When Child Labor is the Only Option

Today I was surfing the Internet at work instead of analyzing data or bowing to the ridiculous demands of our IRB when I happened across this article on The Huffington Post.  As I flipped through the slides, I noticed a not altogether unexpected trend: NONE of these goods are primarily produced in the United States.

This article took me back to those heady undergraduate days when I was learning that not every place in the world was like the United States (actually, I learned that in the navy, but still...).  An early challenge among undergraduate anthropology students is to understand how many factors influence life in a particular region and why not everyone in the world has the same opportunities that we have here.  Most of the things that we Americans tend to take for granted are all but unobtainable to kids in parts of countries like Pakistan, Sierra Leone, Brazil, Lesotho, etc.  So, why is the U.S. Department of Labor applying it's definition of child labor to these countries?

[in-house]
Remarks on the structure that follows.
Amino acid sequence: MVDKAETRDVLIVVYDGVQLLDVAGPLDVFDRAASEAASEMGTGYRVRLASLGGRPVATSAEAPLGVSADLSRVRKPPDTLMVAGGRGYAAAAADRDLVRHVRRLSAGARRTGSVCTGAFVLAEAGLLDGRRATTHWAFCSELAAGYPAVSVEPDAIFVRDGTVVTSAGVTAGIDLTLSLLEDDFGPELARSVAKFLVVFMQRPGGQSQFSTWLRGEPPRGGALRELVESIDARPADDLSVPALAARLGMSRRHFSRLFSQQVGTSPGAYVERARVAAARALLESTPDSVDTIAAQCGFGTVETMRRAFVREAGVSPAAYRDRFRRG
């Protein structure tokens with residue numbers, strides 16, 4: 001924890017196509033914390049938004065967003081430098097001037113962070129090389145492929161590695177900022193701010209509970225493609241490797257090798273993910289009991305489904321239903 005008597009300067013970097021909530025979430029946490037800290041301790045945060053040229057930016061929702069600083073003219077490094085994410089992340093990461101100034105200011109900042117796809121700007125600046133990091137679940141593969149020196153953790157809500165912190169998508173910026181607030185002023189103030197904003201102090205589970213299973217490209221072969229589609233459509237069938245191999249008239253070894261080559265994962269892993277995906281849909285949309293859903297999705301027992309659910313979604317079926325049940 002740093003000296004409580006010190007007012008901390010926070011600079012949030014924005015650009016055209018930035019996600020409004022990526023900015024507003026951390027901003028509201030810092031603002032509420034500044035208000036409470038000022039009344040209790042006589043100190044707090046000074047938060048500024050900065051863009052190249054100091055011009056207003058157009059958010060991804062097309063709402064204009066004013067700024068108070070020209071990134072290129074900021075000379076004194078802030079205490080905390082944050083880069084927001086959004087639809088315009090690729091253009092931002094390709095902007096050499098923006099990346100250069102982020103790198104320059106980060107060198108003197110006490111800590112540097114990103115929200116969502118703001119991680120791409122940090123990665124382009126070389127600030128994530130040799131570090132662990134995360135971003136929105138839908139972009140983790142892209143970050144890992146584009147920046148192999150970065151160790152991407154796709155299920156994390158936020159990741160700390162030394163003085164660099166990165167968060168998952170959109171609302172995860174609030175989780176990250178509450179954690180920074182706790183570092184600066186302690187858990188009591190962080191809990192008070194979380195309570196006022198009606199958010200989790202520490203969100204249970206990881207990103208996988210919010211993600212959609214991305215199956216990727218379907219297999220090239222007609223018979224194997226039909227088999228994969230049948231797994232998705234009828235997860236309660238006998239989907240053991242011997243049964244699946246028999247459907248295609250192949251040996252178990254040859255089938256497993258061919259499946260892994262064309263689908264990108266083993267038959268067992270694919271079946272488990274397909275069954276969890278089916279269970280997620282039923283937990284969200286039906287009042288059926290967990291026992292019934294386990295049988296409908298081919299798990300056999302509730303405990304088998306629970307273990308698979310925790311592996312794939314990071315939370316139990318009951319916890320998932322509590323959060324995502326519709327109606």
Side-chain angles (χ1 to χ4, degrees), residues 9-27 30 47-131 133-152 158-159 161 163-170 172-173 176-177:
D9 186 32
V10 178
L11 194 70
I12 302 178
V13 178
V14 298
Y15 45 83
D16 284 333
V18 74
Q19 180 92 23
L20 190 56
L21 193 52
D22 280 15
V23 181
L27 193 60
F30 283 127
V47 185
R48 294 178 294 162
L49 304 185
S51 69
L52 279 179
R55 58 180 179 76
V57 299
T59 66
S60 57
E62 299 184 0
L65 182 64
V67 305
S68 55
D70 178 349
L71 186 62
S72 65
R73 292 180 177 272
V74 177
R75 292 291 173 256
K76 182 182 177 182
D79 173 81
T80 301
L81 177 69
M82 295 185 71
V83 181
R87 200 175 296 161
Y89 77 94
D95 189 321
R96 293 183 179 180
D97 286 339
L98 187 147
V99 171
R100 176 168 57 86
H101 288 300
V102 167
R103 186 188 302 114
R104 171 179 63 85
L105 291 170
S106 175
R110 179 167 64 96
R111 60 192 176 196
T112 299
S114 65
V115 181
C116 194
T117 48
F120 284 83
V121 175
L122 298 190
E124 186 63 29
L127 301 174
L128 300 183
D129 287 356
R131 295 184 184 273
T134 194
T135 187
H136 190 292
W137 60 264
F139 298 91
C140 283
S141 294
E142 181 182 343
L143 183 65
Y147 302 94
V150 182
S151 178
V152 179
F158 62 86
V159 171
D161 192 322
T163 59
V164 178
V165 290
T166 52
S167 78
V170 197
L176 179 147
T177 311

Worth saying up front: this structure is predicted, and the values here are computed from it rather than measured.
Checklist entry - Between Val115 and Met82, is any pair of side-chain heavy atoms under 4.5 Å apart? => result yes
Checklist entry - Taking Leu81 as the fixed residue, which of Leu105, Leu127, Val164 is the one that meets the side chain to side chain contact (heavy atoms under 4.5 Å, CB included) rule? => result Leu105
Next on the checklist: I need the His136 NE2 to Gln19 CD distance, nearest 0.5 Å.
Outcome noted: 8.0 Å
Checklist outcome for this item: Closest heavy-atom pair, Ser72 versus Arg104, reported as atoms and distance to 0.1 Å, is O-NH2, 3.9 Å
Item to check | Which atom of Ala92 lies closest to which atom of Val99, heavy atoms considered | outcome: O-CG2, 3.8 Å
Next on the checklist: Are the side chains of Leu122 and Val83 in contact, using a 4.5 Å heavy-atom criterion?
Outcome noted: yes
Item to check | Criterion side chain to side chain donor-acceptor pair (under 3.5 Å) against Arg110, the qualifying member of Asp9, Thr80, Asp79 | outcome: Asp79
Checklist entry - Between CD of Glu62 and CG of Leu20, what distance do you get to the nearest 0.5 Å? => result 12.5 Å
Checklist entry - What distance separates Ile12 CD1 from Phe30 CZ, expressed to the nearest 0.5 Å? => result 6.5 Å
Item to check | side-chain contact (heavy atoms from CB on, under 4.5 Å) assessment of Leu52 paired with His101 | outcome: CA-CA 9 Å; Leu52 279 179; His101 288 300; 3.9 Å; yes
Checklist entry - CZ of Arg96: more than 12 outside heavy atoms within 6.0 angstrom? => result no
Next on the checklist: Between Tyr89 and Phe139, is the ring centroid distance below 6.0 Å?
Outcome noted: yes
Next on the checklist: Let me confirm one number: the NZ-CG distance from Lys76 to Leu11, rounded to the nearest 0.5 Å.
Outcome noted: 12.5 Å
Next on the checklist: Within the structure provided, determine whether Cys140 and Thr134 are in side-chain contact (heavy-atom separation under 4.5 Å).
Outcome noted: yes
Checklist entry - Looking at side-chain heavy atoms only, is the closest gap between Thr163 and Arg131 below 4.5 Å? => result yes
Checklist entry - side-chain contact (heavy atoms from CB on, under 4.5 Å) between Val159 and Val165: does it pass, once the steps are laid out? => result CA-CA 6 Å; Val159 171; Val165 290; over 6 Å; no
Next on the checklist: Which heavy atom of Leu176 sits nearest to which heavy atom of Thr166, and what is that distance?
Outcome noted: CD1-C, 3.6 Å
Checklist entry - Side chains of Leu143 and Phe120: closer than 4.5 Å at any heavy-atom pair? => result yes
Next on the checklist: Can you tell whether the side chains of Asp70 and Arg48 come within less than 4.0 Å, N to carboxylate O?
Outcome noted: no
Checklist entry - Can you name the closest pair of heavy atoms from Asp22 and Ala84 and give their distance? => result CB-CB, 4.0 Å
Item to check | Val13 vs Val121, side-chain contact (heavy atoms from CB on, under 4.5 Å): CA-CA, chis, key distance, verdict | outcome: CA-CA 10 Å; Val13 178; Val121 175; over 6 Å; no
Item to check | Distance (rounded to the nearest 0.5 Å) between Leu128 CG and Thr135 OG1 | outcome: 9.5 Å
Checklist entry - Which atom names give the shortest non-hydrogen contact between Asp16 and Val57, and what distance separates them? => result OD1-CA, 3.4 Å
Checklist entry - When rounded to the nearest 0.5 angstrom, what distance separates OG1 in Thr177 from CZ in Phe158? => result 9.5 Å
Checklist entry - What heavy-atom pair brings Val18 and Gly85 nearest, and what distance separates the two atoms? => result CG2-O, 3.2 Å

Here in the U.S., it is understood that a child will attend school for roughly 12 years before either going on to college or entering the full-time working world.  In fact, it is a crime in the U.S. for a child not to either attend a school or be home-schooled by a parent or tutor.  But what about kids in places like rural Kenya or Burma where attending school may not be an option? When the nearest school is an hours-long trek and the children are needed to help support the family with labor, sometimes work is the only viable option.  I'm not saying this is a good thing, but it's just life.

I understand that the average person will read that article and say, "OMG! I am NEVER going to buy carpets, cocoa, coal, diamonds, garments, rice, cattle, coffee, bricks, tobacco, sugarcane, cotton, or gold until those poor children are free to go to school!"  And that's exactly what the good people at The Huffington Post want.  Stirring up people's emotions is good for readership.

Now, I'm not saying that all instances of child labor are acceptable.  In fact, the article also includes forced labor, which is something different and almost always reprehensible.  What I'm asking is for people to make an effort to understand the local socioeconomic landscape before jumping to any hasty conclusions.  Once the root causes are addressed, then we can complain about child labor.

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